DRN - diagnostics disease mechanisms therapeutics

Diagnostics Disease Mechanisms and Therapeutics

DRN neuropsychological assessment

Neuropsychological assessment for the detection of Alzheimer’s disease and other dementias

In this set of projects we are examining various psychological tests (e.g., that assess memory, language and attention), and combinations of these, to detect different types of dementia in the very early stages.  We are also developing new analytics to assist in the discrimination of one patient group from another. 

Contact: Dr William McGeown (william.mcgeown@strath.ac.uk) or Dr Mario Parra (). 

DRN blood sample

Blood based biomarkers for the detection of Alzheimer’s disease and other dementias

This project aims to develop blood-based biomarkers using a technique called vibrational spectroscopy.  This project is a collaboration between Dr William McGeown (Psychology), Dr Matthew Baker (Pure and Applied Chemistry), and Zanib Panni (student on the Biomedical Engineering EngD doctoral programme).

Contact: Dr William McGeown (william.mcgeown@strath.ac.uk). 

DRN - head and brain

Neuropsychiatric symptoms in Alzheimer’s disease and other dementias

In this project line we are investigating the brain regions that are associated with symptoms such as delusions, hallucinations, depressive symptoms and apathy.  For these studies high-resolution magnetic resonance imaging scans are used along with segmentation methods that can measure brain volume and/or cortical thickness in different brain regions.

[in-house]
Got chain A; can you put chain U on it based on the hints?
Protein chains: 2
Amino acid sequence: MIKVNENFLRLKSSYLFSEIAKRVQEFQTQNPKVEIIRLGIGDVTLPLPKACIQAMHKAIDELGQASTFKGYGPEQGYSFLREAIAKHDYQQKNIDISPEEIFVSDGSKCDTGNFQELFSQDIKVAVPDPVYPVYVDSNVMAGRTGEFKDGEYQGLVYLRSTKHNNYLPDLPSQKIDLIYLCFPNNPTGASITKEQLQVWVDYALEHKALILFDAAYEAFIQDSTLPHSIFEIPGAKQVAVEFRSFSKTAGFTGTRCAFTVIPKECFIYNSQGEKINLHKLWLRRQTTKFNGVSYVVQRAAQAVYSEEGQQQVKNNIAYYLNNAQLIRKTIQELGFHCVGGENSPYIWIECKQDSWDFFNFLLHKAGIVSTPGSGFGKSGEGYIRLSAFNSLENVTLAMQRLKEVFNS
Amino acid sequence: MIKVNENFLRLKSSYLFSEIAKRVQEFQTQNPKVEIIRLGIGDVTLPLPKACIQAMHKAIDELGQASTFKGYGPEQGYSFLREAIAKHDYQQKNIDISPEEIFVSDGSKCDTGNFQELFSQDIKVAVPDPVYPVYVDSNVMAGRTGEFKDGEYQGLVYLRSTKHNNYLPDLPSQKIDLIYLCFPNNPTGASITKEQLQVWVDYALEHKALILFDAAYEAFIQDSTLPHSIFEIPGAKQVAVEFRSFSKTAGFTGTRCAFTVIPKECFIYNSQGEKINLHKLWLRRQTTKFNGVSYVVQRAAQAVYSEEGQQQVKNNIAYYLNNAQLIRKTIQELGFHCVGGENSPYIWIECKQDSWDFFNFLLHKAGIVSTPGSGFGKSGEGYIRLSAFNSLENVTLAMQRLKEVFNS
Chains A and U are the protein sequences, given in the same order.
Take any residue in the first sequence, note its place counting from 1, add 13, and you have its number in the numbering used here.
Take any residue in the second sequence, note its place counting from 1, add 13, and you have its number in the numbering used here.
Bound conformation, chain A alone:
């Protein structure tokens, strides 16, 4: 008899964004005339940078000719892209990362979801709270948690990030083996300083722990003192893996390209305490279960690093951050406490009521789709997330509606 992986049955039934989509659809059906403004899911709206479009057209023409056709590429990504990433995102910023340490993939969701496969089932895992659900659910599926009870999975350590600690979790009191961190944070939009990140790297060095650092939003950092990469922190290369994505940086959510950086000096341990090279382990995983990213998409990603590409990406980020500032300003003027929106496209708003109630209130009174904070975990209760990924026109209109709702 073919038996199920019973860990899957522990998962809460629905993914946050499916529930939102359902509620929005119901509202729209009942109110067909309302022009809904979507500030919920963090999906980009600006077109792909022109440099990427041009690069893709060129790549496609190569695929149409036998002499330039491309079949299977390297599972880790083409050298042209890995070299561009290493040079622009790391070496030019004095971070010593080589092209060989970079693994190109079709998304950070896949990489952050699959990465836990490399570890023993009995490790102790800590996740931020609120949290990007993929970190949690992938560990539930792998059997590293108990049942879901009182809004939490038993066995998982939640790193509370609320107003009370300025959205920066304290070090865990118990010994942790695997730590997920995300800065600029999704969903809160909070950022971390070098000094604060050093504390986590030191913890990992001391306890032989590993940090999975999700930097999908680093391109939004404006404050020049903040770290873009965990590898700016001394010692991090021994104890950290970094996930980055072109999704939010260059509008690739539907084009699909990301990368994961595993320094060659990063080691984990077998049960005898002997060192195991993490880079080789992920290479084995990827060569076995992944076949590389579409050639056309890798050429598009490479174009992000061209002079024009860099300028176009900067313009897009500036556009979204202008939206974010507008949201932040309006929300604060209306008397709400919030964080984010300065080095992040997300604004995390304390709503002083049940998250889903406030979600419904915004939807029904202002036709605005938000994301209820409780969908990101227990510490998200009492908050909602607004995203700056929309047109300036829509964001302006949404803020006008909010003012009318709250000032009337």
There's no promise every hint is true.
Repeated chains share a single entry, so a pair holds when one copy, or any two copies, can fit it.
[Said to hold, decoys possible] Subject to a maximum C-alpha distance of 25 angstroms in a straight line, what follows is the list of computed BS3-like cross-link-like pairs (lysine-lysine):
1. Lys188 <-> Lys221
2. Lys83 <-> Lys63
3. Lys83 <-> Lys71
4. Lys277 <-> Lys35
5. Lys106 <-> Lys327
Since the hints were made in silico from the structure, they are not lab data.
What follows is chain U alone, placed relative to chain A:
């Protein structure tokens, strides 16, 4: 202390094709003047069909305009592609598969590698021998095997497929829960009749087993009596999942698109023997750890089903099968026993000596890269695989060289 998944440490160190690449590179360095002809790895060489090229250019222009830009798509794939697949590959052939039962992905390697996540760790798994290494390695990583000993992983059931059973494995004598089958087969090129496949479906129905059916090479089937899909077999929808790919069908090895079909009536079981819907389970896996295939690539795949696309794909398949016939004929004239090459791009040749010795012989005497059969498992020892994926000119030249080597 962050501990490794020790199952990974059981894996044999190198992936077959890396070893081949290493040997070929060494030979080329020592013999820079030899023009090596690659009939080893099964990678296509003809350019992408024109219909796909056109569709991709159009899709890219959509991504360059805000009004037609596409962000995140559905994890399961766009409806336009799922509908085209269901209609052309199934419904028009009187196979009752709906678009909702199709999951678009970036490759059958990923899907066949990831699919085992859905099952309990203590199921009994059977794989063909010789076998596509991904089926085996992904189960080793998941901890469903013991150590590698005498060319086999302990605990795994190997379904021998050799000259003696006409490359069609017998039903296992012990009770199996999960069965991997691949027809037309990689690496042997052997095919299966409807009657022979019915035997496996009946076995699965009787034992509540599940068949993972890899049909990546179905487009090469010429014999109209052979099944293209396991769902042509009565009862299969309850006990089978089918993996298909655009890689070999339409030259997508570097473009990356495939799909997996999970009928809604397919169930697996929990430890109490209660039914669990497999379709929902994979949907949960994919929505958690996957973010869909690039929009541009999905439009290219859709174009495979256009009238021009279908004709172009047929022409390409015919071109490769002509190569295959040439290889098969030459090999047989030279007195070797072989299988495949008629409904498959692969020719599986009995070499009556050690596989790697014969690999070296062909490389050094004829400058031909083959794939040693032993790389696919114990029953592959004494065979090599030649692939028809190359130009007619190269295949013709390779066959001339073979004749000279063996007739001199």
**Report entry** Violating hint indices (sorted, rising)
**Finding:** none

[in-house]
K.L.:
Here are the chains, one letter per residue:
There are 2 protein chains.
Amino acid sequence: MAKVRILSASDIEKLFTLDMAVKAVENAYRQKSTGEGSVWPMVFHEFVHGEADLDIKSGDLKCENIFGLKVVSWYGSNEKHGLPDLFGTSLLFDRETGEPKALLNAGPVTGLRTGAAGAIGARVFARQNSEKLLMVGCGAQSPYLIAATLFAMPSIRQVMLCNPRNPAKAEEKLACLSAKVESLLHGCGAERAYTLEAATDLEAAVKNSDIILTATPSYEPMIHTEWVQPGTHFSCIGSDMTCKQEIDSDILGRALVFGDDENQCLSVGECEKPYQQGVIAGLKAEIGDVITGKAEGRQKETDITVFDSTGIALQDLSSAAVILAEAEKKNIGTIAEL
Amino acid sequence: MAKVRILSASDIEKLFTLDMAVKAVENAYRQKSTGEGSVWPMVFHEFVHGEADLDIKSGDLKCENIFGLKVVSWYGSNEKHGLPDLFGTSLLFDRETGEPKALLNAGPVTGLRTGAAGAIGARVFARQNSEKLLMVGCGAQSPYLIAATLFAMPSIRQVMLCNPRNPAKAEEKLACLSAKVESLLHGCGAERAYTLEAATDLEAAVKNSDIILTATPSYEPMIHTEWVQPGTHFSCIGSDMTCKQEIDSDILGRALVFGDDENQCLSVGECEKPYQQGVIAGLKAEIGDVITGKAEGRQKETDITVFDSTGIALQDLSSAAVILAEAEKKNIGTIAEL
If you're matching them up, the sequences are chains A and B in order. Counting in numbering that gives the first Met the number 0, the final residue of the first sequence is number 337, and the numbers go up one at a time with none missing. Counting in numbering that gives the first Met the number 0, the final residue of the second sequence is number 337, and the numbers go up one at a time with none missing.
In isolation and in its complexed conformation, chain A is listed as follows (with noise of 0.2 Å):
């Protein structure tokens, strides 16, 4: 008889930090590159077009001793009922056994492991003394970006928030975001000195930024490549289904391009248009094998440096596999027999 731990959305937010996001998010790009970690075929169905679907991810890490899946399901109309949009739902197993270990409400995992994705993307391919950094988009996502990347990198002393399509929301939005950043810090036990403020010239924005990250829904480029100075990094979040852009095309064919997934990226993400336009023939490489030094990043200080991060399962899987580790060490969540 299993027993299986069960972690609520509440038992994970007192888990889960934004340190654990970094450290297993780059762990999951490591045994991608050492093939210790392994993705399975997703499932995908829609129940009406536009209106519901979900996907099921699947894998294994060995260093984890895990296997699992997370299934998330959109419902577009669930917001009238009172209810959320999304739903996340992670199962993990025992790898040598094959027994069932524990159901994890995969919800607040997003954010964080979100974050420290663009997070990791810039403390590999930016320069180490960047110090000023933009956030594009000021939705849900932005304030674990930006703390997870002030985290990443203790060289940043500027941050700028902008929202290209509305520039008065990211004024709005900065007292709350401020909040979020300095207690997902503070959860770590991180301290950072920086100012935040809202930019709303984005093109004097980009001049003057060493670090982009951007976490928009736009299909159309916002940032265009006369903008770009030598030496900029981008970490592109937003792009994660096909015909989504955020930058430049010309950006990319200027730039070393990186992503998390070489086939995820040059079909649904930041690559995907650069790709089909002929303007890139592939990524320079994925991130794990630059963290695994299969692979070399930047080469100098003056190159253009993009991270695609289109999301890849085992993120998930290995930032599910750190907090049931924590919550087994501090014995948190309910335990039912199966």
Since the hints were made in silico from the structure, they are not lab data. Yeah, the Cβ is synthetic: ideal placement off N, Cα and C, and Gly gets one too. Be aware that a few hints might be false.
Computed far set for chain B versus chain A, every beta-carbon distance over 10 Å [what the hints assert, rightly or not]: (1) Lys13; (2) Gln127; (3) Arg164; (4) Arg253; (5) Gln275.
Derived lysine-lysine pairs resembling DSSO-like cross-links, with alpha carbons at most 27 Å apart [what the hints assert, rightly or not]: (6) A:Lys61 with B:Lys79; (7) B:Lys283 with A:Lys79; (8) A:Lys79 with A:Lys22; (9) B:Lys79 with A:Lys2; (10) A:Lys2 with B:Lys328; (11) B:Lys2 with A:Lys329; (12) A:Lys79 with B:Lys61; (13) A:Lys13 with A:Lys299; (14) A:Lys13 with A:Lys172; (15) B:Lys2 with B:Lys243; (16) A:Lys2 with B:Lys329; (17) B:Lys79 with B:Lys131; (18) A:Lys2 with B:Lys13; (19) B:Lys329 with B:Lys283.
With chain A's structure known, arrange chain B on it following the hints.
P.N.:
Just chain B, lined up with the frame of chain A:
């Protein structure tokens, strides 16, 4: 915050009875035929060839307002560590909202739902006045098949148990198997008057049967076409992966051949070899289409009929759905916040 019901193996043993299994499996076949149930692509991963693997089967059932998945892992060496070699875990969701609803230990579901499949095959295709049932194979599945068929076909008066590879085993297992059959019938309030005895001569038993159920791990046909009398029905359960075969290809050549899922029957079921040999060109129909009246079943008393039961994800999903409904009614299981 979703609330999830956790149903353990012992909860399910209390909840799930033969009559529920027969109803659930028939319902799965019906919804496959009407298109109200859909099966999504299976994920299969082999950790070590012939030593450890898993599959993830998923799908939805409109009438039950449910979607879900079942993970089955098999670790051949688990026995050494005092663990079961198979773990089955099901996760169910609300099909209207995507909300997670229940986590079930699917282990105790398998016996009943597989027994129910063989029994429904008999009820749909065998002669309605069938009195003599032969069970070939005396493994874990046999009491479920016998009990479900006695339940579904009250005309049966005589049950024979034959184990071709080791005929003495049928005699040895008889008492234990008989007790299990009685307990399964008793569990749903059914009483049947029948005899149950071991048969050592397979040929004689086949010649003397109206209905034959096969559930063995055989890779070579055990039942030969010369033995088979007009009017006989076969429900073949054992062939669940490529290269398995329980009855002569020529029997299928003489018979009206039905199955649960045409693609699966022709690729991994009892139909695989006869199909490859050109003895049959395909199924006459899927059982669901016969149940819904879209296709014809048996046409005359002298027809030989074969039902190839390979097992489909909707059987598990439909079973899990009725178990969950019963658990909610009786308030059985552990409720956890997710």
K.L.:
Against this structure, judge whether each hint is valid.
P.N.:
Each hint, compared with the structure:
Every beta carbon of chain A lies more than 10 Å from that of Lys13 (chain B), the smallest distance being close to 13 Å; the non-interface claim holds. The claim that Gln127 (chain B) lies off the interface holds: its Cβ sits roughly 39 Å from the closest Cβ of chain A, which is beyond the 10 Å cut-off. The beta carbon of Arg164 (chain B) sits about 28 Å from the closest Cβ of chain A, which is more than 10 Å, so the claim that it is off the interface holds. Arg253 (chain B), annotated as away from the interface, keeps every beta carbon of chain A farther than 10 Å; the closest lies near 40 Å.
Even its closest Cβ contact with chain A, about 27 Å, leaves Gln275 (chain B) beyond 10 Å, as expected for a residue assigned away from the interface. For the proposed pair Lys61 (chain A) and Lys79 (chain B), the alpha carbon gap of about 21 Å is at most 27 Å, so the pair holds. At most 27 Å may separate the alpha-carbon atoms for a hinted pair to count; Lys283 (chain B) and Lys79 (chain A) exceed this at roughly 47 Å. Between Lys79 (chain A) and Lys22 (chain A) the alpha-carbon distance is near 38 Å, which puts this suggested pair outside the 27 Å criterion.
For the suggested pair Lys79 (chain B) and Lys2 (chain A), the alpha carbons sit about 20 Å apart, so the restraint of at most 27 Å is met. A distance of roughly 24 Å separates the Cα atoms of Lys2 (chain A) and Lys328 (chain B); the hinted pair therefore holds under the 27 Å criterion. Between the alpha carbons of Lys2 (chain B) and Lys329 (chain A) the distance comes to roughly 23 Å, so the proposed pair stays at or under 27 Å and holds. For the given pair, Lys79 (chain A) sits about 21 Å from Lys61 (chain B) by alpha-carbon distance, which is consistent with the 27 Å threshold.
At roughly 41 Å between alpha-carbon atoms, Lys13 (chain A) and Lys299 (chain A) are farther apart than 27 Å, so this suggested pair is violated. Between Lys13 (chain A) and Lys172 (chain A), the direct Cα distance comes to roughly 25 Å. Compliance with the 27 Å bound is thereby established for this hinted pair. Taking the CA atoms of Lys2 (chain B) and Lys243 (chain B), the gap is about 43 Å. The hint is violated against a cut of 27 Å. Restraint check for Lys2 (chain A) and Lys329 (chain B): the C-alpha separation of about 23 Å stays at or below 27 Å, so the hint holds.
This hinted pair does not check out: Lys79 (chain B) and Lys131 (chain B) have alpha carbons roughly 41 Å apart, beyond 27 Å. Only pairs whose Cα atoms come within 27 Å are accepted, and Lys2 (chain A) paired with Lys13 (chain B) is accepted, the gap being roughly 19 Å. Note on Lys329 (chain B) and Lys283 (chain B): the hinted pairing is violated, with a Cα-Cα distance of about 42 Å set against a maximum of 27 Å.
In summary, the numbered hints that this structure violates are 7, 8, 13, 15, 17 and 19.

Contact: Dr William McGeown (william.mcgeown@strath.ac.uk).


Global reduction in Alzheimer’s pathology by brain stimulation

In this project we are investigating a prevention strategy for Alzheimer’s using light to control brainwaves. This project also concerns both neural and immune responses to the brain stimulation of the cholinergic system in a preclinical setting.

Contact: Dr Shuzo Sakata (shuzo.sakata@strath.ac.uk). 

DRN microfluidics

Enabling Novel Research in Neuroscience through Microfluidics

Technological advances can drive forward our understanding of how neuronal function and communication is affected in central nervous system (CNS) disorders. In particular, miniaturised in vitro procedures enable greater control over the formation of simplified neuronal networks that mimic in vivo conditions, as well as the enhanced capability to test neuronal functionality to address neuronal network communication whilst inducing disease conditions. Development of such systems will be a significant step forward in CNS drug discovery studies, as well as allowing the investigation of cellular and sub-cellular activity under conditions mimicking those proposed to underlie CNS disorders.

Contact: Dr Trevor Bushell (trevor.bushell@strath.ac.uk), Dr Michele Zagnoni (michele.zagnoni@strath.ac.uk).


Alzheimer’s disease and neuroinflammation: a novel target to ameliorate disease progression?

There is intense interest in the role of neuroinflammation in the onset and progression of Alzheimer’s disease with recent evidence proposing that modulation of the brain’s innate immune response may impair disease progression in disease models.  We are combining our expertise of synaptic transmission and plasticity, systems neuroscience and immunology to examine whether further the mechanisms that are involved in immune system modulation and disease onset and progression. 

Contact: Dr Trevor Bushell (trevor.bushell@strath.ac.uk); Dr Shuzo Sakata (shuzo.sakata@strath.ac.uk); Dr Hui-Rong Jiang (huirong.jiang@strath.ac.uk)